“Significant savings to payers and the federal government from approving more generic versions of complex medication could be realized,” Bob Lobo, PharmD, director of clinical programs at Vanderbilt University Medical Center, Nashville, Tennessee, told Drug Topics® in a previous interview.3 He cited a recent study on the economic burden associated with extended-release (ER) versus immediate-release (IR) formulation among Medicare and Medicaid beneficiaries, in which the findings showed a potential annual cost savings of $2.6 billion by switching certain ER drugs to comparable generic IR formulations.4 The study looked at only 20 ER oral medications, but it suggests that the annual savings from greater access to generic medications are quite significant.3

According to Schmidt, the drug with one of the largest effects on spending in the past 12 months has been pregabalin, the generic equivalent to Lyrica.

“There were multiple manufacturers ready to go at launch, meaning costs for the generics were significantly lower than the brand at launch,” he said. “This is important as it helps drive down patient cost, regardless of copay or coinsurance, helping to facilitate conversion to the generic product, saving both the patient and the plan money right away.”

Conversely, ramelteon, Rozerem’s equivalent, was first released at a similar time, but due to lack of competition in the market, has retained a higher cost relative to other generic medications in the class.

“Pregabalin has dropped in price by over 95% compared with brand Lyrica, [which also took an approximately 5% price increase on January 1, 2020,] and is covered nearly universally,” Schmidt said. “Ramelteon, on the other hand, still costs close to $100 per month.”

Goetz agreed that pregabalin has been the most significant generic over the past year.

“When you look into medications for nerve pain, there is not a great depth of options. Outside of narcotic pain medications, gabapentin stood as the most cost-effective option,” he said. “Although gabapentin comes tied with challenges like a notable [adverse effect] profile, it is often the drug of choice on insurance formularies. For those who rely on their insurance coverage to afford medications, paying for brand name Lyrica was simply not an option. Now available as generic pregabalin, patients can more comfortably elect to switch away from gabapentin without a major cost burden, if any.”

A Shifting Market

Due to the coronavirus disease 2019 (COVID-19), the FDA has stopped conducting foreign inspections. Given that more than 80% of the generic drugs sold in the United States are made outside the country, the lack of inspections has resulted in delayed or aborted new generic drug launches.

Upadhye said COVID-19 has caused several problems, including decreased profitability for existing generic companies’ products; increased price pressures by the buyers who them- selves are facing business pressures; pressures on existing patent litigation to either do very little to advance the case or to settle the case quickly on whatever terms being offered; and the FDA’s refusal to conduct foreign inspections, resulting in delayed or aborted new generic drug product launches or delays in relaunches.

It’s not a surprise that the pandemic is affecting the generic drug market, as when the disease was spreading rapidly in March, there was a major rush to refill medications, leading to a large increase in claims and even shortages. This was immediately followed by a drop-off in overall claims volume, which is now returning closer to normal.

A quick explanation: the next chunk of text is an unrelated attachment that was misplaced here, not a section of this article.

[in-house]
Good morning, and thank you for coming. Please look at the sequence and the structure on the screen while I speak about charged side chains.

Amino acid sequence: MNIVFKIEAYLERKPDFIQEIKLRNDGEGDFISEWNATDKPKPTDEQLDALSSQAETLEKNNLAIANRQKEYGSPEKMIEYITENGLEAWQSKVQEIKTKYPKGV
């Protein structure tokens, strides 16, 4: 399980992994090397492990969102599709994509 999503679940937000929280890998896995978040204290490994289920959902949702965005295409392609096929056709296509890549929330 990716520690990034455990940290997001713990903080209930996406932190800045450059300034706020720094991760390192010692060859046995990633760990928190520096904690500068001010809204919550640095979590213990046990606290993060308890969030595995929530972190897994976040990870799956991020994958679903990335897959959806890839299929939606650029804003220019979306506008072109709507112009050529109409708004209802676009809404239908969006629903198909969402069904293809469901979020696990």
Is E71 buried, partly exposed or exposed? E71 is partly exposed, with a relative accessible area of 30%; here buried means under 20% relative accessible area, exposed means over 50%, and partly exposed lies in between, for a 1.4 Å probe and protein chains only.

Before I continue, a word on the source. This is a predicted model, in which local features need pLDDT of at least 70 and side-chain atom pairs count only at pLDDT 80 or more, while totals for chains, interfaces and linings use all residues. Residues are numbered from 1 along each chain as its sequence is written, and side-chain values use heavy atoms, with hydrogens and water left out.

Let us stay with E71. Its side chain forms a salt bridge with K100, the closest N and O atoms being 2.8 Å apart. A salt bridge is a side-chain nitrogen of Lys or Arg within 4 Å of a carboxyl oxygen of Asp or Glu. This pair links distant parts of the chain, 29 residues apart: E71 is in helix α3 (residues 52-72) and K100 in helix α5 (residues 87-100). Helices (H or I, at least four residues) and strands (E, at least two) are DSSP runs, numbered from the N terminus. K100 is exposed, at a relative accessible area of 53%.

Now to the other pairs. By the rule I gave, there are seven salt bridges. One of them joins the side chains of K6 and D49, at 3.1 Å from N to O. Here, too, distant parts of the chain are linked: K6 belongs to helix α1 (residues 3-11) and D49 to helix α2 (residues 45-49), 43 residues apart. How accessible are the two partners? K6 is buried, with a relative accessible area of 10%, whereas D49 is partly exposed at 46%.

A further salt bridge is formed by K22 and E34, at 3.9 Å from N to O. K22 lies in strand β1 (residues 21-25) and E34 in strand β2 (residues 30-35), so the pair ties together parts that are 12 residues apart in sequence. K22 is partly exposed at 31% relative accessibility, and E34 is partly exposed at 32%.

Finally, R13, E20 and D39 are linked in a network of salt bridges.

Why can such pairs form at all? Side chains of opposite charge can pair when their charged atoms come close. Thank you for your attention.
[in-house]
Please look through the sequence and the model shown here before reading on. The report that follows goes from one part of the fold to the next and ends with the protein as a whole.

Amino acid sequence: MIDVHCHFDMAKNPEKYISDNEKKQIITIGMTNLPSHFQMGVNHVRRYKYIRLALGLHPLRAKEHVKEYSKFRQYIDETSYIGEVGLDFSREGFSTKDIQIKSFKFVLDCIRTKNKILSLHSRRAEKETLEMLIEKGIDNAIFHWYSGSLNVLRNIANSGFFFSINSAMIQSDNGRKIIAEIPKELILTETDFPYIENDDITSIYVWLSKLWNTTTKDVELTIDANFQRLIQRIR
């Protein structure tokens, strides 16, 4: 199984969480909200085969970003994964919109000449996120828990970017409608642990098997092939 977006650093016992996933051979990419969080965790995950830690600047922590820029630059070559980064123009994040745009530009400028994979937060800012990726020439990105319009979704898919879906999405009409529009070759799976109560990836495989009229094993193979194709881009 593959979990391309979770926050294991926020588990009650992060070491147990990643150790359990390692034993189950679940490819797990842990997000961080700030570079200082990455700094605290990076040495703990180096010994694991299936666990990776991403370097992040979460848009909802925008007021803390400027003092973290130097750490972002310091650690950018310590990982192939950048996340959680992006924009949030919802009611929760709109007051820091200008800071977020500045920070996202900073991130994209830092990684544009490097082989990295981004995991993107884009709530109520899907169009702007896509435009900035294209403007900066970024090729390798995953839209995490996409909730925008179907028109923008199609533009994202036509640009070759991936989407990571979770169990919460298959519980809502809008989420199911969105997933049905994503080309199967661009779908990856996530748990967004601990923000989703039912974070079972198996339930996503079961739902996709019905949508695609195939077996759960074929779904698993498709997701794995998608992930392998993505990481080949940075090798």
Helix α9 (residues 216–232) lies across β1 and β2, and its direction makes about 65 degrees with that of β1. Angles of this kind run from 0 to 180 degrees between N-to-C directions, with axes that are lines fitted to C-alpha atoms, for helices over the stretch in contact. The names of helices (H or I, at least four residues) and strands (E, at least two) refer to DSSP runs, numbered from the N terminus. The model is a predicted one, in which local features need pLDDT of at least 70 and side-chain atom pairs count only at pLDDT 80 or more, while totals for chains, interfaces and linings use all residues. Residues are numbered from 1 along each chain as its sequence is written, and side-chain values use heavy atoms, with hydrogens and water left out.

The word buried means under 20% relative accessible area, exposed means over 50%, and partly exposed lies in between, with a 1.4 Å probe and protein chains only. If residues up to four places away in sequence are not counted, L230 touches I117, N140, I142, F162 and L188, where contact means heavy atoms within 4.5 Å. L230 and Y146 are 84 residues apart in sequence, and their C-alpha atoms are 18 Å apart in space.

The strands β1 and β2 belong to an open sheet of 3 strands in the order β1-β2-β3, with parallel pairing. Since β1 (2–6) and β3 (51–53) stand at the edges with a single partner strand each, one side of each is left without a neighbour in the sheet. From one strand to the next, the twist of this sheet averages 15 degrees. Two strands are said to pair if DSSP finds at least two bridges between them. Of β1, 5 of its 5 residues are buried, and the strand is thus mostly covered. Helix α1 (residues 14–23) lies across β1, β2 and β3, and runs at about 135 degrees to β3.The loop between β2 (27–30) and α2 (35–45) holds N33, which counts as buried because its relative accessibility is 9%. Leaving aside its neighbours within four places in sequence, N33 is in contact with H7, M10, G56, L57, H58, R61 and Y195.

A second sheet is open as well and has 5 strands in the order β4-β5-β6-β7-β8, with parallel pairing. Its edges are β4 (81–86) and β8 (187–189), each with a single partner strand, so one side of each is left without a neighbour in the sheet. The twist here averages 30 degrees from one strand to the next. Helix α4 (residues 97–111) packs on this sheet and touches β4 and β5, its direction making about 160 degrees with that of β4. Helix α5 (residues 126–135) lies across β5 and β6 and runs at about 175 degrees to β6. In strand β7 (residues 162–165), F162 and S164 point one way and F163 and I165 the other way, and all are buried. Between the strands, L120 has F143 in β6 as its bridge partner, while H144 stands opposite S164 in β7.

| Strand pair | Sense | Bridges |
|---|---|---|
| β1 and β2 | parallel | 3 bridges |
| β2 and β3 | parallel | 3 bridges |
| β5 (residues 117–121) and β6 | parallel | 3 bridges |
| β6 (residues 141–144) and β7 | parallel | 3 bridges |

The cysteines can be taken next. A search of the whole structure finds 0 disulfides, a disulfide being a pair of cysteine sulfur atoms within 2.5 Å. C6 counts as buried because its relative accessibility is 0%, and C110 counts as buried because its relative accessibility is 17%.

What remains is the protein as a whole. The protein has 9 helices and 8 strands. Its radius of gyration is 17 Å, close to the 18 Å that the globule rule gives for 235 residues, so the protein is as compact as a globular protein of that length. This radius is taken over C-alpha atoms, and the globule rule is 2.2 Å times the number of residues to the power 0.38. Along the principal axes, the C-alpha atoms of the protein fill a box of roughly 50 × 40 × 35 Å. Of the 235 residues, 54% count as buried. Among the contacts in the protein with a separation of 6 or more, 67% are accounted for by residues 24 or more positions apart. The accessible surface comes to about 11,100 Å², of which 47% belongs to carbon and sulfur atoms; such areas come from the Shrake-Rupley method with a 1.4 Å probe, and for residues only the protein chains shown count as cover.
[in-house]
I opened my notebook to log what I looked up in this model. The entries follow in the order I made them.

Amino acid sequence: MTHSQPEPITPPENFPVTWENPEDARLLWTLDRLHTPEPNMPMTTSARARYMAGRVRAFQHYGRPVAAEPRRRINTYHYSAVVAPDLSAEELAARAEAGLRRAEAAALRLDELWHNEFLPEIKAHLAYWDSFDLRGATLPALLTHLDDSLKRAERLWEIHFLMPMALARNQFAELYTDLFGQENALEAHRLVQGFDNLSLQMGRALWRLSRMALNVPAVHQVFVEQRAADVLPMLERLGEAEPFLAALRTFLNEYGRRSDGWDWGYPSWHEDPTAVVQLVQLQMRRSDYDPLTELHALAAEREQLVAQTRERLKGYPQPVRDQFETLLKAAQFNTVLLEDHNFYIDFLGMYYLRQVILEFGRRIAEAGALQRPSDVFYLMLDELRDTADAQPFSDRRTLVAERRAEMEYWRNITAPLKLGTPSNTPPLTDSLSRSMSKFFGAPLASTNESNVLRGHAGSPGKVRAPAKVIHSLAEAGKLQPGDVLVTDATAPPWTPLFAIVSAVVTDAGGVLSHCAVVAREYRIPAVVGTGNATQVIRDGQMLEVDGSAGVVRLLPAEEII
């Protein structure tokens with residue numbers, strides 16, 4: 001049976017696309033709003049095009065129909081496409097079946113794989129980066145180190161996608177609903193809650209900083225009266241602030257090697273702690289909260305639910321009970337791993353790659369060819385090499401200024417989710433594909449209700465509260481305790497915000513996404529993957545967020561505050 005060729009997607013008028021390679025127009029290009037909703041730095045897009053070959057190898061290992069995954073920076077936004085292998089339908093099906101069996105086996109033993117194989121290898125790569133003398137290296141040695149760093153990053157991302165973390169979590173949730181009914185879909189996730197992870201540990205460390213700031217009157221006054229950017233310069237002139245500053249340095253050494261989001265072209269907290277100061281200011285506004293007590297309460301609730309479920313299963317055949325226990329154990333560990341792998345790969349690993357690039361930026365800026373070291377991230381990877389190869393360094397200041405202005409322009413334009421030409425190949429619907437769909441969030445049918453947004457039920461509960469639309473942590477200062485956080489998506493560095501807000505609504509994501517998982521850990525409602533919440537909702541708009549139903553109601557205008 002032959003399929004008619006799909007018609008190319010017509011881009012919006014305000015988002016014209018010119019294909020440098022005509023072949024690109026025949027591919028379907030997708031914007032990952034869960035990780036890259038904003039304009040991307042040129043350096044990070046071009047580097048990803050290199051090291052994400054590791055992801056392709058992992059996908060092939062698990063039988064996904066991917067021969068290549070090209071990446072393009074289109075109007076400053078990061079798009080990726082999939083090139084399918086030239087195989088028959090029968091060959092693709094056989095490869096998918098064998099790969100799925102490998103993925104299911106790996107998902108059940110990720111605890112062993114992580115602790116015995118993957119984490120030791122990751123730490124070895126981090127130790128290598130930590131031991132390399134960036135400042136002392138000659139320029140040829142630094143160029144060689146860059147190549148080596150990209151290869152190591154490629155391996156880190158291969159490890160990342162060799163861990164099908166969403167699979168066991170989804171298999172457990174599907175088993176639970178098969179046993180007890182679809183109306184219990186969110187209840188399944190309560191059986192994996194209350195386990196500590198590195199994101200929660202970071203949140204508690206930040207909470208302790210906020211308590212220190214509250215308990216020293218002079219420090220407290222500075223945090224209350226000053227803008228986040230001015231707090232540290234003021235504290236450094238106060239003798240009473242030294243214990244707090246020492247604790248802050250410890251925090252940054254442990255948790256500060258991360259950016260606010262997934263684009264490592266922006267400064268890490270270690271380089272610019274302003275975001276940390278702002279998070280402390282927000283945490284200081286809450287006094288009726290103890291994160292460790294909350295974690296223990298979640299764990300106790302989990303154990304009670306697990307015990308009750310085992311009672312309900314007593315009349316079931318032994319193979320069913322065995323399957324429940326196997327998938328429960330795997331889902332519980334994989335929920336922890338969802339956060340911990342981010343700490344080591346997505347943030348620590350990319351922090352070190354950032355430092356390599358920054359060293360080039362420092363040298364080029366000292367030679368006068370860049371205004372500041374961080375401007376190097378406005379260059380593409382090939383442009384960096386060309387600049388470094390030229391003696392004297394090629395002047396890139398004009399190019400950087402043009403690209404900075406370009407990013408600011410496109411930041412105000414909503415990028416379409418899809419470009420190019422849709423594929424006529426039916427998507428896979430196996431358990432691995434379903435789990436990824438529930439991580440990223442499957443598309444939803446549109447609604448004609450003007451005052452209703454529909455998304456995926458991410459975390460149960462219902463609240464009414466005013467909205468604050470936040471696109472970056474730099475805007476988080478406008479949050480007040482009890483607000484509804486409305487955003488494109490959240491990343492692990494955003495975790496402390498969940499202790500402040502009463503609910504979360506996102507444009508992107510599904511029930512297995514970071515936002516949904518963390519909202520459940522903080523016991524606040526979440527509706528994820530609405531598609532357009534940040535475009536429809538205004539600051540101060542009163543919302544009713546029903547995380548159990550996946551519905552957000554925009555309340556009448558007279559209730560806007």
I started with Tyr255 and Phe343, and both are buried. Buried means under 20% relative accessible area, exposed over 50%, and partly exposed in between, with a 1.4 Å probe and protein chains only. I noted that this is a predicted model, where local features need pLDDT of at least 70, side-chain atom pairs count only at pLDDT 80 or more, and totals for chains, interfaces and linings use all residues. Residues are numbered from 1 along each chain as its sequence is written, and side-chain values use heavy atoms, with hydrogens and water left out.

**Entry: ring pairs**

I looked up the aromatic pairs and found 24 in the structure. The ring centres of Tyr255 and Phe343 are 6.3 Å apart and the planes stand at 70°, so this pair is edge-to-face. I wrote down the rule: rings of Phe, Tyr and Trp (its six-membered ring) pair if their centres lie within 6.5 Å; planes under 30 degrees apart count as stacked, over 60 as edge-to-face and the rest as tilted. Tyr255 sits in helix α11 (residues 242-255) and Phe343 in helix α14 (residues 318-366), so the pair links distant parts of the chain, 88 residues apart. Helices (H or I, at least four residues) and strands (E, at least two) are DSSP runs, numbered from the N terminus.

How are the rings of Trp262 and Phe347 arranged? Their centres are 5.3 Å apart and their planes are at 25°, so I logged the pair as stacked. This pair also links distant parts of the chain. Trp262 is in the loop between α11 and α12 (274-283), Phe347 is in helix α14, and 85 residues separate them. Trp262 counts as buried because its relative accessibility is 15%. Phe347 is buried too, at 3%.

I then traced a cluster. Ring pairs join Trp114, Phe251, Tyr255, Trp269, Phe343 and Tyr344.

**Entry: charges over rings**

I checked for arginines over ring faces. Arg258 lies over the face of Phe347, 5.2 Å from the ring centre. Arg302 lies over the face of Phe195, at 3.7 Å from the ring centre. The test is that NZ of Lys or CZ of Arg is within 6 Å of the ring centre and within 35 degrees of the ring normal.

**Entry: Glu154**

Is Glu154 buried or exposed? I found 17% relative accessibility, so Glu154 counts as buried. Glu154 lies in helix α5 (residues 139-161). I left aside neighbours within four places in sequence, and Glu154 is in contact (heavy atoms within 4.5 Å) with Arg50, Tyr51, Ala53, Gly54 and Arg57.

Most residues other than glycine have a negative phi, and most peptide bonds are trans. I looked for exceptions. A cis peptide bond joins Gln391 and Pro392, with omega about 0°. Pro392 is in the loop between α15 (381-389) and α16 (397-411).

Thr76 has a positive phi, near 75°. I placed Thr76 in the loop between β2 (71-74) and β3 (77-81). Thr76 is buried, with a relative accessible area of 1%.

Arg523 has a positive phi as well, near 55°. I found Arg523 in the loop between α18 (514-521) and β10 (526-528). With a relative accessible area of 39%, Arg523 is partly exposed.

“One major shift is from 30-day claims to more patients getting 90-day supplies via delivery or mail order,” Schmidt said.“The interesting component of this is that maintenance medications seem to have rebounded well, whereas acute medications aren’t rebounding quite as quickly. This isn’t as surprising, as many elective clinical visits are being delayed, and general improved health precautions are likely leading to less non-COVID infections.”

From a new product perspective, the FDA is still in full swing, and the industry has continued to see new approvals of both brand and generic products. The impact of these new releases may be seen a couple of years down the road as some clinical trials have gone on hold or been delayed due to COVID-19.

Goetz believes the market is shifting heavily toward convenience and safety over price alone.

“Utilization of telehealth services reached an all-time high in April 2020, while ambulatory prescriber practices were down roughly 60% in office visits,” he said. “Now that patients are more aware of the options available, it can be expected that they will consider the financial and personal impact of each option as they weigh their plans for their future. As we have seen with many areas of modern commerce, the power is no longer with the large chains with storefronts in every area; it falls with the companies who can provide a service at a fair price, with a larger focus on convenience than ever before.”


1. FDA. First generic drug approvals. Updated July 14, 2020. Accessed August 12, 2020. https://www.fda.gov/drugs/drug-and-biologic-approval-and-ind-activity-reports/first-generic-drug-approvals

2. FDA. 2019 Office of Generic Drugs annual report. February 2020. Accessed August 12, 2020. https://www.fda.gov/media/135329/download

3. Schieszer J. Barriers coming down for complex generic drug products. Drug Topics®. April 14, 2020. Accessed August 12, 2020. https://www.drugtopics.com/view/barriers-coming-down-complex-generic-drug-products

4. Sumarsono A, Sumarsono N, Das SR, et al. ​Economic burden associated with extended-release vs immediate-release drug formulations among Medicare Part D and Medicaid beneficiaries. JAMA Network Open. 2020;3(2):e200181. doi:10.1001/jamanetworkopen.2020.0181